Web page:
On the beginnings of palaeoceanography: Foraminifera, pioneers and the Albatross Expedition
Wolfgang H. Berger, 2013. "On the beginnings of palaeoceanography: Foraminifera, pioneers and the Albatross Expedition", Landmarks in Foraminiferal Micropalaeontology: History and Development, A. J. Bowden, F. J. Gregory, A. S. Henderson
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The field of studies labelled palaeoceanography integrates research on foraminifers and other microfossils within their environment on deep-sea sediments raised by cores taken from ships. The first large-scale project deserving the label was the Swedish Deep-Sea Expedition, which used the sailing vessel Albatross and the then newly developed Kullenberg coring machine to raise hundreds of long cores from around the world during 1947–1948. Thus, just as the Challenger Expedition (1872–1876) serves as a marker point for the beginnings of oceanography, the Albatross represents the beginnings of palaeoceanography. The unique defining element – the link of micropalaeontology to ocean circulation and climate – came to dominate discussions in the 1950s with the reports by Gustaf Arrhenius and Cesare Emiliani. At the same time, important steps in the evolution of the new field depended on the expansion of the inventory of cores by major oceanographic institutions (especially Lamont Geological Observatory in Palisades, New York), and on the introduction of new dating methods. Subsequently, the field benefited from the increased use of various statistical techniques, as well as of numerical modelling, all of which profited greatly from the rapid growth of computing power.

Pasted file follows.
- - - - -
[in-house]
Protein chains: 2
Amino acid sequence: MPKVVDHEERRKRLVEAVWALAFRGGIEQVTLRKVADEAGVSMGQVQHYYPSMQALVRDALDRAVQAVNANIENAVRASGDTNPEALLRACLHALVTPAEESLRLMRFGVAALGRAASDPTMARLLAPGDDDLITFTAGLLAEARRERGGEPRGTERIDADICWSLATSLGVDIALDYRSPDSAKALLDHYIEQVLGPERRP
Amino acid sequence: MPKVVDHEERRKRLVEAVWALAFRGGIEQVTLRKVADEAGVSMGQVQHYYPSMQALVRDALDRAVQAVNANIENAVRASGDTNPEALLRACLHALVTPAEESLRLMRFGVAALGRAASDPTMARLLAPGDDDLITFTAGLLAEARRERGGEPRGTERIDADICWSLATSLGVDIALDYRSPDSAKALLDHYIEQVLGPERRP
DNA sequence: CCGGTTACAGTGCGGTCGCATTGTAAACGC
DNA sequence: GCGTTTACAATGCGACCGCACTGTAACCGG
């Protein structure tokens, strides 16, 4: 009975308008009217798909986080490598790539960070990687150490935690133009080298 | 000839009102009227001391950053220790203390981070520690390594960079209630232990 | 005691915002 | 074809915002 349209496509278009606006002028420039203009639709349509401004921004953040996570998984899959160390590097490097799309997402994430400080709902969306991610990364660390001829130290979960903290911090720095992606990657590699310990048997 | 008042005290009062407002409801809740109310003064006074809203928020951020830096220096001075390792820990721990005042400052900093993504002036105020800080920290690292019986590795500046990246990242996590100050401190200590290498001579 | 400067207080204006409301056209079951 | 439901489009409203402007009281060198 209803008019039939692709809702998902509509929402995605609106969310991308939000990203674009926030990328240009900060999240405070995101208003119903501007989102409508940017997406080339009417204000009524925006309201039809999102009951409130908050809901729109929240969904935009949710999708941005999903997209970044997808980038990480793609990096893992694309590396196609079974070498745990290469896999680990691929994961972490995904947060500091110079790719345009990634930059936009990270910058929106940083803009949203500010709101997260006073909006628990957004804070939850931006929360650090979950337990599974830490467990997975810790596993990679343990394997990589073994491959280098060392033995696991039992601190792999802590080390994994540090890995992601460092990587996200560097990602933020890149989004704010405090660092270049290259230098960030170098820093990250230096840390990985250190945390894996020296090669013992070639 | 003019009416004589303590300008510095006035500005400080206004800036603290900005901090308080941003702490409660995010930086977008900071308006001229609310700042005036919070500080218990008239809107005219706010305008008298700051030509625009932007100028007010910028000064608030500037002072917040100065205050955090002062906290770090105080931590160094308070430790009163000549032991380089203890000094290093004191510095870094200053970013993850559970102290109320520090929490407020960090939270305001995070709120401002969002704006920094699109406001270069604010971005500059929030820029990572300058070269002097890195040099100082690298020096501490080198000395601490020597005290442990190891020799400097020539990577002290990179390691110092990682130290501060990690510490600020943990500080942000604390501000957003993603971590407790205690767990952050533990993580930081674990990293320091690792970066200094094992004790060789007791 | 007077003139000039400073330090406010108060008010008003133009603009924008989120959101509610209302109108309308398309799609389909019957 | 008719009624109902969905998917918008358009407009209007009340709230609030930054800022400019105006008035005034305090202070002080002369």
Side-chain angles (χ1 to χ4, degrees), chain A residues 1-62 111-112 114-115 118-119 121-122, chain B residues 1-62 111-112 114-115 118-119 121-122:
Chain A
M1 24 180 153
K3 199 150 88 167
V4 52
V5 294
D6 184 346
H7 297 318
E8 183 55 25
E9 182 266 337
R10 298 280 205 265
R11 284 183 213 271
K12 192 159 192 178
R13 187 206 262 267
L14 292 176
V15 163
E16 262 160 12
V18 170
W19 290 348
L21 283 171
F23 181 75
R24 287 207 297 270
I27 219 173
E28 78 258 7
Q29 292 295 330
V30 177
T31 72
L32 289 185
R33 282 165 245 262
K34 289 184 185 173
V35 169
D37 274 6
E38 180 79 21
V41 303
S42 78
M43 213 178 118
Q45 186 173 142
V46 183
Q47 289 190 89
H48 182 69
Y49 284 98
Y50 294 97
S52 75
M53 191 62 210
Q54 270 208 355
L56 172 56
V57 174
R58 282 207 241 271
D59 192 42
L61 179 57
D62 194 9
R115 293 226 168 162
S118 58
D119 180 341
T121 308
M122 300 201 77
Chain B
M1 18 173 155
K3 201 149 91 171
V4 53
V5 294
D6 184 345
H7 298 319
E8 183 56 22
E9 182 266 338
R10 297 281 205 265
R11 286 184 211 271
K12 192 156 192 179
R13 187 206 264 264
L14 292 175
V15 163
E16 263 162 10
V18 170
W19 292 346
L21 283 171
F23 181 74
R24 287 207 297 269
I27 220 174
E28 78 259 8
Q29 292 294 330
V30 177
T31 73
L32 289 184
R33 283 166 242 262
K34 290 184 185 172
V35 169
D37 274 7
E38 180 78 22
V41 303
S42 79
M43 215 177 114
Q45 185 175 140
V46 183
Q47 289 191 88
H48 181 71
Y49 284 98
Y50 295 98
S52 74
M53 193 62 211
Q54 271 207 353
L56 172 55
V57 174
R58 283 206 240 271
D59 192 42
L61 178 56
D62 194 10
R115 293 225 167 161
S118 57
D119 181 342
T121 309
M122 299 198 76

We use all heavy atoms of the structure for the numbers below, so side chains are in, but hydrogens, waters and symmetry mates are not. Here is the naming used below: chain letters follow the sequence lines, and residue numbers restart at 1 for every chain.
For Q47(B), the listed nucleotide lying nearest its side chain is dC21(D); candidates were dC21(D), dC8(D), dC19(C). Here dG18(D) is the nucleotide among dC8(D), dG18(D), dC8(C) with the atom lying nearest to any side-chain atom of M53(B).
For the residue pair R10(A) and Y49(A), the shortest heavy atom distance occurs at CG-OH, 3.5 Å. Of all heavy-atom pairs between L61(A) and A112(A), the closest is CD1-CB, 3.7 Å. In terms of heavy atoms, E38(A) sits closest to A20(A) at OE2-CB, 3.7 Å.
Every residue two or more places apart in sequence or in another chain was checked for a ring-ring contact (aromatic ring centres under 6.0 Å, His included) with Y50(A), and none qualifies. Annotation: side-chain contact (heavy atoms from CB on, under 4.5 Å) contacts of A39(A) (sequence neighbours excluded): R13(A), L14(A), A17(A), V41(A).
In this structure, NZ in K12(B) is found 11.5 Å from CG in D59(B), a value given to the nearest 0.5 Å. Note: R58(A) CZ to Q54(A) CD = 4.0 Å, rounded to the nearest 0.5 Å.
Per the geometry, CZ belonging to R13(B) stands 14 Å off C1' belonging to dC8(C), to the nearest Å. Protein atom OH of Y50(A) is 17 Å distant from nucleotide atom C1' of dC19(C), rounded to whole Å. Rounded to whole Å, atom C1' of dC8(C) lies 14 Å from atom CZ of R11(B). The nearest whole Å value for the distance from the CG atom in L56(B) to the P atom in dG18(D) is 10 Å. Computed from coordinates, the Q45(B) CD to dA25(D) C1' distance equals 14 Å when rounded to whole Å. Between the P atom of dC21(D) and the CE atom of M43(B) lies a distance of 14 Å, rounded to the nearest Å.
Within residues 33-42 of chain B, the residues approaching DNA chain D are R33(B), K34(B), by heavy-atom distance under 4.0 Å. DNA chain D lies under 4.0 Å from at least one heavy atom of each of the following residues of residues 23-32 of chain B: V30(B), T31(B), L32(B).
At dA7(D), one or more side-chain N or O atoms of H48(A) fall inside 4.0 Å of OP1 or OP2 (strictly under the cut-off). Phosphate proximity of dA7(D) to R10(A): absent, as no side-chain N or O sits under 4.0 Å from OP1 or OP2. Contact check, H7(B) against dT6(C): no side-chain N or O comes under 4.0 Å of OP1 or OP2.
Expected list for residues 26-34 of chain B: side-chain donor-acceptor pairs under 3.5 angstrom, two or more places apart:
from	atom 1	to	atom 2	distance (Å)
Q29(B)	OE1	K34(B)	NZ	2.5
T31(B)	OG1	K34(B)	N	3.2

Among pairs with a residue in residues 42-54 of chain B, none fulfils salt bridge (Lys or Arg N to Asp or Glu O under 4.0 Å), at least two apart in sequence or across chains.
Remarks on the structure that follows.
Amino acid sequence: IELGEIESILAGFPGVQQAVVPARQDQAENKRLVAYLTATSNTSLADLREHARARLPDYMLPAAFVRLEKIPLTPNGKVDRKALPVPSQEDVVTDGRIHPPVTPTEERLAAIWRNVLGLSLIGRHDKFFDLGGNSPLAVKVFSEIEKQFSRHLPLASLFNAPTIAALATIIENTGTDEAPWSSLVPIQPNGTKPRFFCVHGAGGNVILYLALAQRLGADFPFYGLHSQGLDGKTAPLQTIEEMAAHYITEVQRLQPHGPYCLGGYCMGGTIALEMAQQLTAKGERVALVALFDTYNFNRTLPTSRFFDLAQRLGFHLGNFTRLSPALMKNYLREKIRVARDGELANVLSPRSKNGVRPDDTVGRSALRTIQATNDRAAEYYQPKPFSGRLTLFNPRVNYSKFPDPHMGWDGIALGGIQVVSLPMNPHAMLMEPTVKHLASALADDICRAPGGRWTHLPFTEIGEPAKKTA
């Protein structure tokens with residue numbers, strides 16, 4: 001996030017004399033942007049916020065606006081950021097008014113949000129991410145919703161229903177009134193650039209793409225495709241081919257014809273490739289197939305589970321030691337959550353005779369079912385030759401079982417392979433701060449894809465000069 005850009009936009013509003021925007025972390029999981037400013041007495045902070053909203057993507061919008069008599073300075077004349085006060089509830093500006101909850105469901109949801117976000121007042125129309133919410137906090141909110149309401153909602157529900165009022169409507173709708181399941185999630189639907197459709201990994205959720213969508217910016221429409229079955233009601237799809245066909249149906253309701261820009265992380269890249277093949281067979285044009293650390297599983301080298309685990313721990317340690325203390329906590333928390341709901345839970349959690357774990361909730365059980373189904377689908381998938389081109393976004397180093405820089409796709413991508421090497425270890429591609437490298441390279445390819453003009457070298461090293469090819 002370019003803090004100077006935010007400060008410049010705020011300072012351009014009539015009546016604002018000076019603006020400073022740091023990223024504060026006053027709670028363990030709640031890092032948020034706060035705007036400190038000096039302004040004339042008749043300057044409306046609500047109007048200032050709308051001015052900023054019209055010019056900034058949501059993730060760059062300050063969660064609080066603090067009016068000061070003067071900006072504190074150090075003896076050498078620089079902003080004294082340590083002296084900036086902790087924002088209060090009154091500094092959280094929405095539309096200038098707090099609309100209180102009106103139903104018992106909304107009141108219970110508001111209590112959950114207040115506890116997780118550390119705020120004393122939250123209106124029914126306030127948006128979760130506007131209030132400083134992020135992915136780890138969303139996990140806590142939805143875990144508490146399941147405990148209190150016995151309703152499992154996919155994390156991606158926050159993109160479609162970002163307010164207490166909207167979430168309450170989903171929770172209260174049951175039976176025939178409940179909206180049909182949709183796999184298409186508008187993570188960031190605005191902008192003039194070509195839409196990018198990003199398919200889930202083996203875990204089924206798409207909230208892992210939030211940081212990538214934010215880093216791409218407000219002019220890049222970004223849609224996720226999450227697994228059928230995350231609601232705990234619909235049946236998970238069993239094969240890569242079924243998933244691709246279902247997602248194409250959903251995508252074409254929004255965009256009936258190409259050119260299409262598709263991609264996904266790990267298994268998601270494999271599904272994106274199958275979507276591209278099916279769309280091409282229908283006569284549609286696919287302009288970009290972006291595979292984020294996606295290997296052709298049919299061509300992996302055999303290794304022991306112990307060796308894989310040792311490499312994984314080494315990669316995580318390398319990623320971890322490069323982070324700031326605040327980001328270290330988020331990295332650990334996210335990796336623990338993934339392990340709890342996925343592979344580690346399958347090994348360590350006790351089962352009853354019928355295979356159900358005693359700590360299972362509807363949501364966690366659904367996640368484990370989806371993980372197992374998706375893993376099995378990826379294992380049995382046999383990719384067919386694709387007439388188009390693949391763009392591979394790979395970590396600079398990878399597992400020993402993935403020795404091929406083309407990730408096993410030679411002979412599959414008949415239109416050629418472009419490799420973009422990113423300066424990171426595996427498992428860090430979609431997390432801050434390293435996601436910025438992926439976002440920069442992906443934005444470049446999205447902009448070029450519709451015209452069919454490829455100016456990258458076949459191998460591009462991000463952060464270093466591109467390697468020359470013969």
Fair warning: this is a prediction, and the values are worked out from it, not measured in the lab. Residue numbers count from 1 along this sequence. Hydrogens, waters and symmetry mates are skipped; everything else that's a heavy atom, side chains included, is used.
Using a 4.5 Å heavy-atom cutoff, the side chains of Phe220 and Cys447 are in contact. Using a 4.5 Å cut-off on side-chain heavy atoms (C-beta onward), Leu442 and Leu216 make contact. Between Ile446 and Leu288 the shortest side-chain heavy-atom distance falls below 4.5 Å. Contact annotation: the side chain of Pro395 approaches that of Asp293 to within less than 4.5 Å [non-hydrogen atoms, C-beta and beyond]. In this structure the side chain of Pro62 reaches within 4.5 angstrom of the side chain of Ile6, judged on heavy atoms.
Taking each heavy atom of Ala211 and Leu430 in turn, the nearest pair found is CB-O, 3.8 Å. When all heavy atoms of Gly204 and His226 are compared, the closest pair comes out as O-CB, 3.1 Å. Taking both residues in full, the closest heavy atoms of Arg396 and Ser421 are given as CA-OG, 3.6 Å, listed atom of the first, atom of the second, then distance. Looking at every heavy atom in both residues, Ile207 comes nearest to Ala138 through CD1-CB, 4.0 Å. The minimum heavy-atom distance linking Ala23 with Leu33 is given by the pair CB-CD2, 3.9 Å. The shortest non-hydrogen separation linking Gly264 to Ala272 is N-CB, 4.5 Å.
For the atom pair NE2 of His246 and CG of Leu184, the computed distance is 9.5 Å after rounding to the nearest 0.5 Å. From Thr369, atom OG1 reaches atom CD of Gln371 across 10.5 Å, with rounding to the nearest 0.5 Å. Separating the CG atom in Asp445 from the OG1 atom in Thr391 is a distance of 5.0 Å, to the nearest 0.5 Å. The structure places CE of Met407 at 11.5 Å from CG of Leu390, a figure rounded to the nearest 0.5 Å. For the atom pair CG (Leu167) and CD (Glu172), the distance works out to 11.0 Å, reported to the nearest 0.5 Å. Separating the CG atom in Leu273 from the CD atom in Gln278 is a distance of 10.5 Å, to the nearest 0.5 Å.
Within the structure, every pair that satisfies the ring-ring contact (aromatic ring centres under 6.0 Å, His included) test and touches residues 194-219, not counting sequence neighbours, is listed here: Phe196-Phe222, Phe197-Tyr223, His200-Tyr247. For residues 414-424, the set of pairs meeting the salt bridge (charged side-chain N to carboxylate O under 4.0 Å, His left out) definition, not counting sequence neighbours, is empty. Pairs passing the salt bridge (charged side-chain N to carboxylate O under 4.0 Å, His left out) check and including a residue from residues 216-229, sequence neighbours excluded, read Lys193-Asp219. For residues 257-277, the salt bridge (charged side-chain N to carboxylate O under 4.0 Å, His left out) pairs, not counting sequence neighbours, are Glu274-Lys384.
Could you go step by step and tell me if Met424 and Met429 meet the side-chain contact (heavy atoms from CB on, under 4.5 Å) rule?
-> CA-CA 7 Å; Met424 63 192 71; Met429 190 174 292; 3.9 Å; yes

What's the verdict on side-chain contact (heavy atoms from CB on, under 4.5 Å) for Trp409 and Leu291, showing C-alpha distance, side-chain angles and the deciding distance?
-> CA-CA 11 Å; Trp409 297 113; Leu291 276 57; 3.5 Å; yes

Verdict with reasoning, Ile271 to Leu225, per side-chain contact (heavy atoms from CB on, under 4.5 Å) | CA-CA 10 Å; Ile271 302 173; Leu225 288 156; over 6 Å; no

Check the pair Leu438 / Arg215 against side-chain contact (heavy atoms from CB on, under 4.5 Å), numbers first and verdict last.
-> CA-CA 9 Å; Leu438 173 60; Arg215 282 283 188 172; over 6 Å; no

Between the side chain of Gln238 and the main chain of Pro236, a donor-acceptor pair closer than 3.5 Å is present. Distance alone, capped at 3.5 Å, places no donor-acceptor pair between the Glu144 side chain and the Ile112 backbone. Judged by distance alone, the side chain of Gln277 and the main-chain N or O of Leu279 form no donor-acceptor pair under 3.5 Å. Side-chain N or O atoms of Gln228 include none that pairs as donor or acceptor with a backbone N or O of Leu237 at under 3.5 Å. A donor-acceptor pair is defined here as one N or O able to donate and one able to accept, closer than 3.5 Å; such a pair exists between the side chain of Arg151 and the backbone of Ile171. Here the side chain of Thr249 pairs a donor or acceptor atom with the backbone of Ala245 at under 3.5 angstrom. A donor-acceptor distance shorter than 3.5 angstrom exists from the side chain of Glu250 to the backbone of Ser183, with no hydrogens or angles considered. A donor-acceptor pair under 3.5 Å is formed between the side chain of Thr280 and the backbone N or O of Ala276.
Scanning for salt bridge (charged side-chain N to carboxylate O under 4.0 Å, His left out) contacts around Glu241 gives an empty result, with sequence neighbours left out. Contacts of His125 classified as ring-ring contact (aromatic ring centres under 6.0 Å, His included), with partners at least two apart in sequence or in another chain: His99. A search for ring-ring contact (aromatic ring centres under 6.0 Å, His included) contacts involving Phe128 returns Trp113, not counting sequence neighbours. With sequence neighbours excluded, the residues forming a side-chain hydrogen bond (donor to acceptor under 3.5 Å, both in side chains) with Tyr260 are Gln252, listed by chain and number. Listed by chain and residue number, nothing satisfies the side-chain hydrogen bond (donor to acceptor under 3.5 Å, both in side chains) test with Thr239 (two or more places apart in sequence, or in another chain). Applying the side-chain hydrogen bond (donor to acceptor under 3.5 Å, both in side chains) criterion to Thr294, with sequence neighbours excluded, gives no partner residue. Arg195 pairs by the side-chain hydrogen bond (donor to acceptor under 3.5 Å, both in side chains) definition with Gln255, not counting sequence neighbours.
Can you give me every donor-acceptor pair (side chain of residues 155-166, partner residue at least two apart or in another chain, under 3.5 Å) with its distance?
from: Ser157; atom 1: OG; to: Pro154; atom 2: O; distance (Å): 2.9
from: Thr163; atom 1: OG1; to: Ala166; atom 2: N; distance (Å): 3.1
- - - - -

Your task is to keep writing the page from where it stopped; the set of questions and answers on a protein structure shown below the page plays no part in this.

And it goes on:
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This TMS Special Publication comprises a collection of 23 papers with an international authorship reflecting on landmarks in the history and development of Foraminiferal micropalaeontology. The volume is prefaced by an introductory overview that provides a brief and selected historical setting, as well as the intended aims of the book. Selected developments in Foraminiferal studies from a global perspective are presented from the time of Alcide d’Orbignyand the founding of the Paris MNHN collections in the mid-nineteenth century to the use of foraminifera in industry, other museum collections, palaeoceanography and environmental studies, regional studies from the Southern Hemisphere and the riseand fall of significant research schools. The book concludes with a chapter on the modelling of foraminifera. Landmarks in Foraminiferal Micropalaeontology: History and Development will be of particular interest to micropalaeontologists, other Earth scientists, historians of science, museum curators and the general reader with an interest in science.